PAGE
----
I had the exam from 12-3. I really like 8-11 exams because it means I can wake up, go take the exam, get it over with, and come home and still have the day to me. However, I will gladly take a 12-3 exam over a 3-6. And I’m very glad I’ll never see another 7-10 exam.
The exam was divided into four parts: True/False, Yes/No (is there some difference here?), Simple Regression, and Multiple Regression.
The last two parts were problem solving with a few “explain this in 1-2 sentences” questions. For the first time out of the three exams (only two counted), he made a very fair test, I thought; he didn’t pull questions from footnotes in our textbook, he didn’t give us a screwed up matching section (three exams, and all three times he messed them up with some dumb mistake and then blamed us for not “solving the puzzle.&rdquo, and he didn’t give us these horrendously challenging questions that made us dive into the gritty theoretical understandings of methods (we have a separate course for that where these theories would have been taught properly and then tested on, and so there was never a need to put them in this sort of class).
Ultimately, I think I did pretty well. As I turned in the paper, I saw him grading someone else’s exam so I know I at least got the first half of my Yes/No questions correct. I also know I got “the big problem” correct (every test always had its final problem a very large task) just because I know what needed to be done.
I have only one more exam remaining for my Business Methods in Statistics class, and it is Thursday from 8-11 (super excited!). I’m not sure about that. I have an A thus far, and a high A at that, but the professor has this strange idea that he’s all about giving us an exam designed to take the entire 3 hours.
It will be split into two parts: the first part, the majority, will be problem solving similar to our homework, and the second part will be questions revolving around a specific paper (that he already gave us that we’ve had for a week now, so we can read it and familiarize ourselves with it before the exam). According to last year's final (that he gave us), questions will basically consist of “on page X the author said Y, do you agree with this statement? Justify with calculations.”
I’m not entirely worried about any of the exam. I just don’t actually want to spend all 3 hours on it. I’d like to be done within 2, to be sure.
I am truly thankful I have no exam in Stochastic Programming (thought I’m not entirely sure what he could make us do for an exam since it’s been more a computer programming course).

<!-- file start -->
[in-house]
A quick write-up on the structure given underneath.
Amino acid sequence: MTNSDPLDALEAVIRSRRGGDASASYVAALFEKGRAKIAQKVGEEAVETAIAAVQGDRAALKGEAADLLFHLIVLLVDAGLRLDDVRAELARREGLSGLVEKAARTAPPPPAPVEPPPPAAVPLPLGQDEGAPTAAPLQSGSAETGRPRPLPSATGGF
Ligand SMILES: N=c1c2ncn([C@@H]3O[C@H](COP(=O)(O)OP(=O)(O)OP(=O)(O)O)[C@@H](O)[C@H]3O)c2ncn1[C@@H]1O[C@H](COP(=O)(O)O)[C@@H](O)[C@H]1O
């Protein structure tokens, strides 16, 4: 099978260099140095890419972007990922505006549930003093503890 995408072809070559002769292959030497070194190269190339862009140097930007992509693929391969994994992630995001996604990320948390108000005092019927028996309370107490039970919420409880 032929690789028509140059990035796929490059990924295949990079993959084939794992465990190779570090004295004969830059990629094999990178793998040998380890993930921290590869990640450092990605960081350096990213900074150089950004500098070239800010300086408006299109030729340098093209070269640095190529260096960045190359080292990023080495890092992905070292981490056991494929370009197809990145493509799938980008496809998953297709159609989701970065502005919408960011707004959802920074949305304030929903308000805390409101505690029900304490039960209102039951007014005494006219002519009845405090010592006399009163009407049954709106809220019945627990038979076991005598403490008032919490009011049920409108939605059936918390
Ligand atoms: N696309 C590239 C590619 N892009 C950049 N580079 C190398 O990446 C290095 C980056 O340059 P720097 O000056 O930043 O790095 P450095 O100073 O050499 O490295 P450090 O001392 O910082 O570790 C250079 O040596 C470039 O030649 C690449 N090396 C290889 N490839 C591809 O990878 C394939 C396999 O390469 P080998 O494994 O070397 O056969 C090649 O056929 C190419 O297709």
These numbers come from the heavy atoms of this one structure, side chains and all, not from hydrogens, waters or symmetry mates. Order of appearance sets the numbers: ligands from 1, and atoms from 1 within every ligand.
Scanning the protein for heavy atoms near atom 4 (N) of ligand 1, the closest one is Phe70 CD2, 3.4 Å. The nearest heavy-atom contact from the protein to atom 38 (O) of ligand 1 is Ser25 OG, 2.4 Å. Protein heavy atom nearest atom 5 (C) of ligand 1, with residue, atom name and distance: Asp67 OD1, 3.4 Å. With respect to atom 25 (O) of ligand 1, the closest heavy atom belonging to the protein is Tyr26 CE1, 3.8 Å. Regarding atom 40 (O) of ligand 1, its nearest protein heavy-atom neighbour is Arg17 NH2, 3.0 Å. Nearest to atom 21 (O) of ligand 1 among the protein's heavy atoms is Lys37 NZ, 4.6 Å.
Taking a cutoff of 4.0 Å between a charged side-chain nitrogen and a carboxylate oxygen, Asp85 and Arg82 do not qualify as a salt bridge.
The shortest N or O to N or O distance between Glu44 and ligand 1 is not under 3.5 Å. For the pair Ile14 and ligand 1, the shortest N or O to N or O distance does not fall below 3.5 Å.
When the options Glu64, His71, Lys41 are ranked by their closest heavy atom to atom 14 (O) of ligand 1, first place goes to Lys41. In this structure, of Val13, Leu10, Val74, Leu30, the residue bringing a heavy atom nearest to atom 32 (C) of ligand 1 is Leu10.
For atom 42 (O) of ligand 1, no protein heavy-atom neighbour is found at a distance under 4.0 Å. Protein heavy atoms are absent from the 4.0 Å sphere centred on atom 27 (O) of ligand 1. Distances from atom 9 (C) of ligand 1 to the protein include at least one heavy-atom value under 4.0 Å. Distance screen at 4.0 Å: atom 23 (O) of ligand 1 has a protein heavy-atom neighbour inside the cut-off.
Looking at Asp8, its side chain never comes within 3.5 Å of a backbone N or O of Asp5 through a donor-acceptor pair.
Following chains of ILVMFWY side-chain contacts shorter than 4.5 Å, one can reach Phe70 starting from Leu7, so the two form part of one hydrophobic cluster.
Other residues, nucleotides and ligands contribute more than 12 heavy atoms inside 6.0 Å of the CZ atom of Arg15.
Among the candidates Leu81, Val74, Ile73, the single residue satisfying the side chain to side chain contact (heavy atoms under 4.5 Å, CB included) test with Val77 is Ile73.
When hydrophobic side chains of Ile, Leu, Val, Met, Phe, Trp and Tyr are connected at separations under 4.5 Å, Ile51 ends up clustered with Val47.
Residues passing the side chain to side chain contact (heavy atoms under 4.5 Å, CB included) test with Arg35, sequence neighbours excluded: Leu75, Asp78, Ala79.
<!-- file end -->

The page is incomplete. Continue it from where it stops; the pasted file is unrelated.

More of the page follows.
However, besides these exams, I have two papers I need to finish.
One is for the Business Stats class. I sent it to my professor thinking I was already done, but then he asked if I was submitting it or if I’d like feedback. ProTip: if the grader of your submission offers feedback instead of a submission, take the feedback.
It’s due Saturday by midnight. I’m pretty happy with what I’ve done; a correlation analysis on various features used in the literature to locate botnets, malicious programs that infect computers and have them run some code and monitor whatever you do, to see which features were most important in detecting botnets. Unfortunately, from my data, apparently only 3/10 features were at all useful, and one of them depends on another, so it’s really only 2 useful features. And “useful” is subjective, since their correlations were incredibly low. I also found effect sizes and statistical power, but with such low correlations, I pointed out that these were not really important things to consider anymore.
I was pretty dismayed by my results, but you can’t argue with results, and my paper wasn’t dependent upon my ability to get good results. Only that I used good (or correct) methodologies and gave a good analysis of my results, which I did. But I’ll be editing it some apparently.
My other project is due Friday before midnight for my Stochastic Programming class (in lieu of a final exam), and it’s a partner project on jamming a wireless network with an unknown amount of demand (people trying to access the network). Our model is great, and it has a nice solution. What isn’t great is our attempts at coding up a specific stochastic algorithm meant to solve these types of programs faster than any attempt at directly solving them. He’s doing one method, I’m doing the other.